Last week, I wrote about how endometriosis healed my eating disorder, inspired a career in charity, and has led me on new adventures. Yes, endometriosis is hard, sometimes impossible to live with, but it has also opened many doors for me.
Endometriosis has developed my spirituality
Before I dive into this section, I’m not here to preach or convert; in fact, I’m not “religious” at all. I grew up with one side of my family being very Christian, and for reasons I won’t go into, it just didn’t sit right with me.
When I had a car accident at 17 and broke my spine, I spent a lot of time sitting in a hospital bed, unable to move from the neck down, thinking just how much I would love the world when I finally got out. When I put my feet on grass again, it was like the earth was full of magic — and I couldn’t help thinking, “How was this not created by something bigger?”
I lost that beautiful connection some years later when I was in an abusive relationship.
Later, I rediscovered that connection when looking for alternative ways to heal my endometriosis. I was also seeking comfort and refuge from my depression and anxiety. I began developing some kind of relationship with the “universe” through books such as “The Universe Has Your Back” and “Conversations with God.” I tried all forms of spiritual healing: crystal healing, reiki, various ceremonies, and classes on meditation. I’d attend talks on subjects such as the benefits of mindfulness and the psychology of happiness. Each one of these filled me up and took me closer to the essence of who I truly am, and at the core of that, was a deep and gentle peace.
Having a relationship with spirituality can help you deal with life’s lessons. Each week, I tune into “The RobCast” and “Harry Potter and the Sacred Text,” which both analyze life through the lens of religion and spirituality. I don’t have to be religious to learn from these; they help me to develop my values, alter my perspective, and see the wonder of life.
This spiritual journey has reminded me that I am more than my body, more than endometriosis, and it has played a huge part in helping me cope with the depression, anxiety, and physical challenges of living with this disease.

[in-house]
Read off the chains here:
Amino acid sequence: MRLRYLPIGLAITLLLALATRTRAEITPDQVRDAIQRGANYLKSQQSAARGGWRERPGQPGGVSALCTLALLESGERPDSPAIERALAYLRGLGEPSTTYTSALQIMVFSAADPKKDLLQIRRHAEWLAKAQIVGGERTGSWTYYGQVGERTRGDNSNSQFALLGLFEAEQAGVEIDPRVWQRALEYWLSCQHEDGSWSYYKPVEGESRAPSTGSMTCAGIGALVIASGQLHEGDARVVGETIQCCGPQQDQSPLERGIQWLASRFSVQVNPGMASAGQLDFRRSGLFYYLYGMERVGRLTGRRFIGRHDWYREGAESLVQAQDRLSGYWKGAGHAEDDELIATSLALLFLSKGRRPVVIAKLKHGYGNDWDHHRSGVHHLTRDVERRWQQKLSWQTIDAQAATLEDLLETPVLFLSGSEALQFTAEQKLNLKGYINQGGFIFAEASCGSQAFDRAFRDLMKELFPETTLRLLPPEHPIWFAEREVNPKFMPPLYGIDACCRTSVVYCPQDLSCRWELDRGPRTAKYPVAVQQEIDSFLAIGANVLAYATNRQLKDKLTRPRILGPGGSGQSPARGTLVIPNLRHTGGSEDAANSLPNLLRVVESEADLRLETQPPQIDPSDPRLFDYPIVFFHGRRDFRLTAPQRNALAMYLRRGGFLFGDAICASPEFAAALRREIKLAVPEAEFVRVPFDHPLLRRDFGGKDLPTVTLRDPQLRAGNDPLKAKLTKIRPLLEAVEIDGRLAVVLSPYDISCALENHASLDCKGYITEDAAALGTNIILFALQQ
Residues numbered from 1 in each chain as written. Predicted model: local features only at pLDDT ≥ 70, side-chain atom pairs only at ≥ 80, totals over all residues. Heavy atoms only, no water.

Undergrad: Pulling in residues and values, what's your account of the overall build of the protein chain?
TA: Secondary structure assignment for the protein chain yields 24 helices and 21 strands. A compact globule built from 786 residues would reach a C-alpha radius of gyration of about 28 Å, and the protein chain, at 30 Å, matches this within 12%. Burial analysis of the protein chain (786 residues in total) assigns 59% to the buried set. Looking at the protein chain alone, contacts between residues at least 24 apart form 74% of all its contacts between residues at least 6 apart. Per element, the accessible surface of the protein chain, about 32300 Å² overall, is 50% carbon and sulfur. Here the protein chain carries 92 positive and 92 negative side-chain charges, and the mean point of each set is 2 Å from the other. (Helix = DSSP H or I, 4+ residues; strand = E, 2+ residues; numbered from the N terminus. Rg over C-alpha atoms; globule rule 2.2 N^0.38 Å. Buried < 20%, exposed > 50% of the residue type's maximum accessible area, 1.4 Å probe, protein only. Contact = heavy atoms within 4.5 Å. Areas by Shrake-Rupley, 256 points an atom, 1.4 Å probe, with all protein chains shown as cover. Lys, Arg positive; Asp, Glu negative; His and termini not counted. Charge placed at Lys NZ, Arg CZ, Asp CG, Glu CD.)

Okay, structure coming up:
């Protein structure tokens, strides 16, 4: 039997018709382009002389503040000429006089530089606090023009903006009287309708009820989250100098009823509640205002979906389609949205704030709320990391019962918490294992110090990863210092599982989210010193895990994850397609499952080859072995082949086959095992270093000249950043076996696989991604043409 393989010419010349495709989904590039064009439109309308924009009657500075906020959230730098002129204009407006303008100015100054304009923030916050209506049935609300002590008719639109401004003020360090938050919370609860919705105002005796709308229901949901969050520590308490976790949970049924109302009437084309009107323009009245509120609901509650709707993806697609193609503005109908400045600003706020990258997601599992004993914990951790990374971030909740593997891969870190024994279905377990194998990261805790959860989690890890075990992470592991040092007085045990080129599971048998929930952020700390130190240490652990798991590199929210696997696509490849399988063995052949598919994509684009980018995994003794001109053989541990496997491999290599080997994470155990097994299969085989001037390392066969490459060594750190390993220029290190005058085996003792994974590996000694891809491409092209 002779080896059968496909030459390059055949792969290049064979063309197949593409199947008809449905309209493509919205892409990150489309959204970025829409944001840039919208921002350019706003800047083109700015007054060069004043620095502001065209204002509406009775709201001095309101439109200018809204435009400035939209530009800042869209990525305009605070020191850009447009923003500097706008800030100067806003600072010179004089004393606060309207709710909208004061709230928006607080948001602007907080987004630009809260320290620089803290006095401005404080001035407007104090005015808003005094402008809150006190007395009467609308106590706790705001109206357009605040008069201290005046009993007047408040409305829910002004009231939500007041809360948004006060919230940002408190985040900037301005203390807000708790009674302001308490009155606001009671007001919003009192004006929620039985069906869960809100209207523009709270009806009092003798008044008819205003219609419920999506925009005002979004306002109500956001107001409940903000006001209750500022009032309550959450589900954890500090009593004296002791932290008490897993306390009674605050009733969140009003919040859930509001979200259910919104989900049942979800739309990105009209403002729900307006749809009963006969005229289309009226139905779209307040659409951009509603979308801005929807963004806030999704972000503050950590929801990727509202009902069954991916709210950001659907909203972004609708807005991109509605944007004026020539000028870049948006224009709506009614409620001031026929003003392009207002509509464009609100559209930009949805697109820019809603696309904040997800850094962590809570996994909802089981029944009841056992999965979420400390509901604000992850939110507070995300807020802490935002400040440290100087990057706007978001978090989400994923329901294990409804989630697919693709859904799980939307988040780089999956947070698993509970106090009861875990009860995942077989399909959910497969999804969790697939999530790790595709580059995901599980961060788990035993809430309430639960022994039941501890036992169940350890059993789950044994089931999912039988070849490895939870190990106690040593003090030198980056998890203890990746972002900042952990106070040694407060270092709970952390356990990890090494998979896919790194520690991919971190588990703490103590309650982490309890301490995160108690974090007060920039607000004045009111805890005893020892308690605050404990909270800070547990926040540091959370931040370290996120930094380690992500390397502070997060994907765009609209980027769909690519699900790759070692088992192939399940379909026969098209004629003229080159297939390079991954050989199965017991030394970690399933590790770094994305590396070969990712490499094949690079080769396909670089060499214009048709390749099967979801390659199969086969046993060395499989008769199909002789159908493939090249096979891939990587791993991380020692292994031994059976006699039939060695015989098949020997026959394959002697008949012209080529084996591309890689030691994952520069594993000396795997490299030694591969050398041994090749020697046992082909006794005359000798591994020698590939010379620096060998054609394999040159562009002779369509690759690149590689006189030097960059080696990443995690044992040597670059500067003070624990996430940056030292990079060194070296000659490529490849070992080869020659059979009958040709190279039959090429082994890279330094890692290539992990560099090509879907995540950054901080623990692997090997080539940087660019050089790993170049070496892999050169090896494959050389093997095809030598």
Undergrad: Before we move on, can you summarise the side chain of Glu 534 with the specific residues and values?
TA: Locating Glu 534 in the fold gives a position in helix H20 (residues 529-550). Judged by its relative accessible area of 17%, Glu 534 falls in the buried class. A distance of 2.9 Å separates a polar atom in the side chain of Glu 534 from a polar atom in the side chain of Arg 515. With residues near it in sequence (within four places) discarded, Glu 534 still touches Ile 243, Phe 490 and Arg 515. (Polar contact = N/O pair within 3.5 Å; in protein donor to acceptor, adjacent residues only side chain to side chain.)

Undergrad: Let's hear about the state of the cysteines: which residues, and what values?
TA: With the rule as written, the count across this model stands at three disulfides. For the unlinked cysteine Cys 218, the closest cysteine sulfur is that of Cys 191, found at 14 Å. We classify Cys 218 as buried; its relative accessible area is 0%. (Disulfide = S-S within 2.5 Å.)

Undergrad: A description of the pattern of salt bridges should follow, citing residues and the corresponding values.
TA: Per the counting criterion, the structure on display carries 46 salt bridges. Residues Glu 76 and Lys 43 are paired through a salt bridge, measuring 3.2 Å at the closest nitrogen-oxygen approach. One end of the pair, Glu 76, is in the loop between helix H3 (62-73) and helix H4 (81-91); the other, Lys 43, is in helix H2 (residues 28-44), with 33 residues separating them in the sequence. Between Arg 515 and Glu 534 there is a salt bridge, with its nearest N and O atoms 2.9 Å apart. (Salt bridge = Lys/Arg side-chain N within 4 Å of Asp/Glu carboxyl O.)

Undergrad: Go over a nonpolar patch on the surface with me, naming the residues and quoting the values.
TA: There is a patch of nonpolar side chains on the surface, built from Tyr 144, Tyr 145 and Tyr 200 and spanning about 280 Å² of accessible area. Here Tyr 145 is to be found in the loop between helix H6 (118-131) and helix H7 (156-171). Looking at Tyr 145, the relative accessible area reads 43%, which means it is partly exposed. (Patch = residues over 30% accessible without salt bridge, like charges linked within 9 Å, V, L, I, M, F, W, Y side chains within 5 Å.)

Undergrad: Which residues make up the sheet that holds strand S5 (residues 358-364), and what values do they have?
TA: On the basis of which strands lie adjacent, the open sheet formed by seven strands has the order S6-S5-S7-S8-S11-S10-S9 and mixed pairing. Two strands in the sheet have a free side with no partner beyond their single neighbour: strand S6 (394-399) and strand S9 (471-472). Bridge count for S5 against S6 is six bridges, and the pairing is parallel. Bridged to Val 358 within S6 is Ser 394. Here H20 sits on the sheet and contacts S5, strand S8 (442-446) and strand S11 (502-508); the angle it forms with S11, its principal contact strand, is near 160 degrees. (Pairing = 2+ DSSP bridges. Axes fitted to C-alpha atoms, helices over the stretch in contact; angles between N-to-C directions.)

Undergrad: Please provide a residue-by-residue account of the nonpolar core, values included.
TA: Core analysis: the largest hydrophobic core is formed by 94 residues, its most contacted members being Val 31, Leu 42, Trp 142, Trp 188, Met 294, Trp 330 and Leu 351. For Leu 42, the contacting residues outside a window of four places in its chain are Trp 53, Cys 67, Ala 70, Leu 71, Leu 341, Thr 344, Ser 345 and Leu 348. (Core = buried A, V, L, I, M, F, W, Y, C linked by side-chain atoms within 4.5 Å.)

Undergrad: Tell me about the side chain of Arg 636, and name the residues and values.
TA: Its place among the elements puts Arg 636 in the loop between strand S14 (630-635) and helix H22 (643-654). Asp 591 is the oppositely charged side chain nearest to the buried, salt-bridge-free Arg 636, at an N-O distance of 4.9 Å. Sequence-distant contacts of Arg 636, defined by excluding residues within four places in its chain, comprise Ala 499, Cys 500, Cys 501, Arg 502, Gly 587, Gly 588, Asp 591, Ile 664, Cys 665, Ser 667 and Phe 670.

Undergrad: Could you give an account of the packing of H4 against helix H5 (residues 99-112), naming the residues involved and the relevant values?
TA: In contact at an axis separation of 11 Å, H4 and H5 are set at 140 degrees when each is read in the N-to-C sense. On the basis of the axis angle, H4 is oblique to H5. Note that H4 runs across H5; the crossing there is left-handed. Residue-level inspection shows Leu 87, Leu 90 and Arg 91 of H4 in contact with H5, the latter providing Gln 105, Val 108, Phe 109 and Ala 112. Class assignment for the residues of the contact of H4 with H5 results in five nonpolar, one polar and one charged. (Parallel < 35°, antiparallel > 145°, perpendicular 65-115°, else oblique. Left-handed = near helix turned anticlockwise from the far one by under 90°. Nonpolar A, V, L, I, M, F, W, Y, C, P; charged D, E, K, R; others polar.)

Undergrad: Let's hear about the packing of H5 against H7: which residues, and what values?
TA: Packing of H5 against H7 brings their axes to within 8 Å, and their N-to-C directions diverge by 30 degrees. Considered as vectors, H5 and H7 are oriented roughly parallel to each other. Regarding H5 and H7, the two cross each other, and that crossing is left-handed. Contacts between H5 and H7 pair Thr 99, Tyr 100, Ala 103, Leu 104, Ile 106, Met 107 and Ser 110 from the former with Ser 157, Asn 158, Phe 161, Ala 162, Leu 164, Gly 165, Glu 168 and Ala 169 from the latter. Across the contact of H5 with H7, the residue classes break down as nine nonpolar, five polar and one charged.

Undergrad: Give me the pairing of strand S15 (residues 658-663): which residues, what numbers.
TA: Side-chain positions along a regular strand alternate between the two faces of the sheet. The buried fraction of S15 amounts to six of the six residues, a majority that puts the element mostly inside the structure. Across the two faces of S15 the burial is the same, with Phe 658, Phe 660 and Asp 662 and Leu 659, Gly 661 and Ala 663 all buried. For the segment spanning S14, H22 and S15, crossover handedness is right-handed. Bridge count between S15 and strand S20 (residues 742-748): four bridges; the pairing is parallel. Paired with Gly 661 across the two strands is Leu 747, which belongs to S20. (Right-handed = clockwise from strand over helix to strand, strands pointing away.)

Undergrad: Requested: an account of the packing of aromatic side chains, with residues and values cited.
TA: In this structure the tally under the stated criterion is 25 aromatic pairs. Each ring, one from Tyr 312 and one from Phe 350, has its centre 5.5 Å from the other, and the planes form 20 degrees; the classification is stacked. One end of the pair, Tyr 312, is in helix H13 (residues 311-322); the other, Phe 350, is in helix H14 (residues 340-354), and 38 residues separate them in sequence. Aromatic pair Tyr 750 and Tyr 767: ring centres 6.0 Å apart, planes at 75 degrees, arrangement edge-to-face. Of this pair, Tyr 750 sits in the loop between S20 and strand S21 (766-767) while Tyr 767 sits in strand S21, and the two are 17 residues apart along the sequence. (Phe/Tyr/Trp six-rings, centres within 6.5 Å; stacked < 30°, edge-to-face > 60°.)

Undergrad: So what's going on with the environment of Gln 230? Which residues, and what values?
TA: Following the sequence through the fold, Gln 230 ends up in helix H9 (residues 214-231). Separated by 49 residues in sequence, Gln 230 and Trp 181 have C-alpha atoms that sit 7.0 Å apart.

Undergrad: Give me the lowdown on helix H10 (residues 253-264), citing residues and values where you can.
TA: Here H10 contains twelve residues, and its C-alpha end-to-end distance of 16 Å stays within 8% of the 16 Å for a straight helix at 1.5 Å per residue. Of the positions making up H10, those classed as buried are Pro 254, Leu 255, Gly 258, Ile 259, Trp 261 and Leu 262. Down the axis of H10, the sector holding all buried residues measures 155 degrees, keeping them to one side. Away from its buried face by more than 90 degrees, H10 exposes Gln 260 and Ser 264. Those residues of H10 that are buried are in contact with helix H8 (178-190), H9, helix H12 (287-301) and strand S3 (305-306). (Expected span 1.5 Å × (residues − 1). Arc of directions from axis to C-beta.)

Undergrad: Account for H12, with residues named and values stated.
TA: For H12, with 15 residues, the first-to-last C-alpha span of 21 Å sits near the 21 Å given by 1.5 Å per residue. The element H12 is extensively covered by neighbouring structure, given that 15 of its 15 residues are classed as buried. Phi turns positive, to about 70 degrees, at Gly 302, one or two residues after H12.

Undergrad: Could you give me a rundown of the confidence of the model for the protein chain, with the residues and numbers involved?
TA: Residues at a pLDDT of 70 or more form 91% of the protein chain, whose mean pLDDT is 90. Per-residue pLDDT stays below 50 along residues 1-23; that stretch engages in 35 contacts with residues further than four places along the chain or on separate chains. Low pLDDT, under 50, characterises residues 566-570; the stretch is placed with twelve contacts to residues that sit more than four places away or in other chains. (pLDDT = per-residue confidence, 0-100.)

Endometriosis has enriched my connection with others
I used to be quite a social creature, but as fatigue, depression, and anxiety took hold, I could no longer genuinely speak to others. My darkness was so great that I either had to have a fake conversation or I had to be honest. The latter made me feel worse because I worried about how negatively I was coming across. So, over the years, my circle has become smaller.
And yet, when I started “This EndoLife,” my connection with others grew in new ways. I have people all over the world reach out to me and share their stories. I have lots of endo-friends in the U.S. whom I’ve never met in person. Through my podcast and workshops, I am part of a gorgeous spiritual and natural healing group of women across the U.K. Endometriosis has opened the door to a deeper connection and a more beautiful group of people than I could have ever imagined.
Endometriosis has given my life purpose
I come from a working-class family, where a job was more of a necessity than a career path. This made me determined to ensure I did something I loved. Of course, my careers in fashion and charity ended due to endometriosis, but there was a string that attached them both. I’d always wanted to do my own thing, and I wanted to work with people and be creative.
At college, my interest in psychology and sociology competed with my love of fashion and art. When I started at my first charity job, I had to write about what I wanted to do in five years time. I wrote that I wanted to have my own social enterprise that was creative and helped people, and was for a cause I felt strongly about. I spent a lot of time thinking about which cause I could dedicate my life to, and how I could make supporting people creative — and then my body gave me an answer. And “This EndoLife” was born!
Note: Endometriosis News is strictly a news and information website about the disease. It does not provide medical advice, diagnosis, or treatment. This content is not intended to be a substitute for professional medical advice, diagnosis, or treatment. Always seek the advice of your physician or other qualified health provider with any questions you may have regarding a medical condition. Never disregard professional medical advice or delay in seeking it because of something you have read on this website. The opinions expressed in this column are not those of Endometriosis News or its parent company, BioNews Services, and are intended to spark discussion about issues pertaining to endometriosis.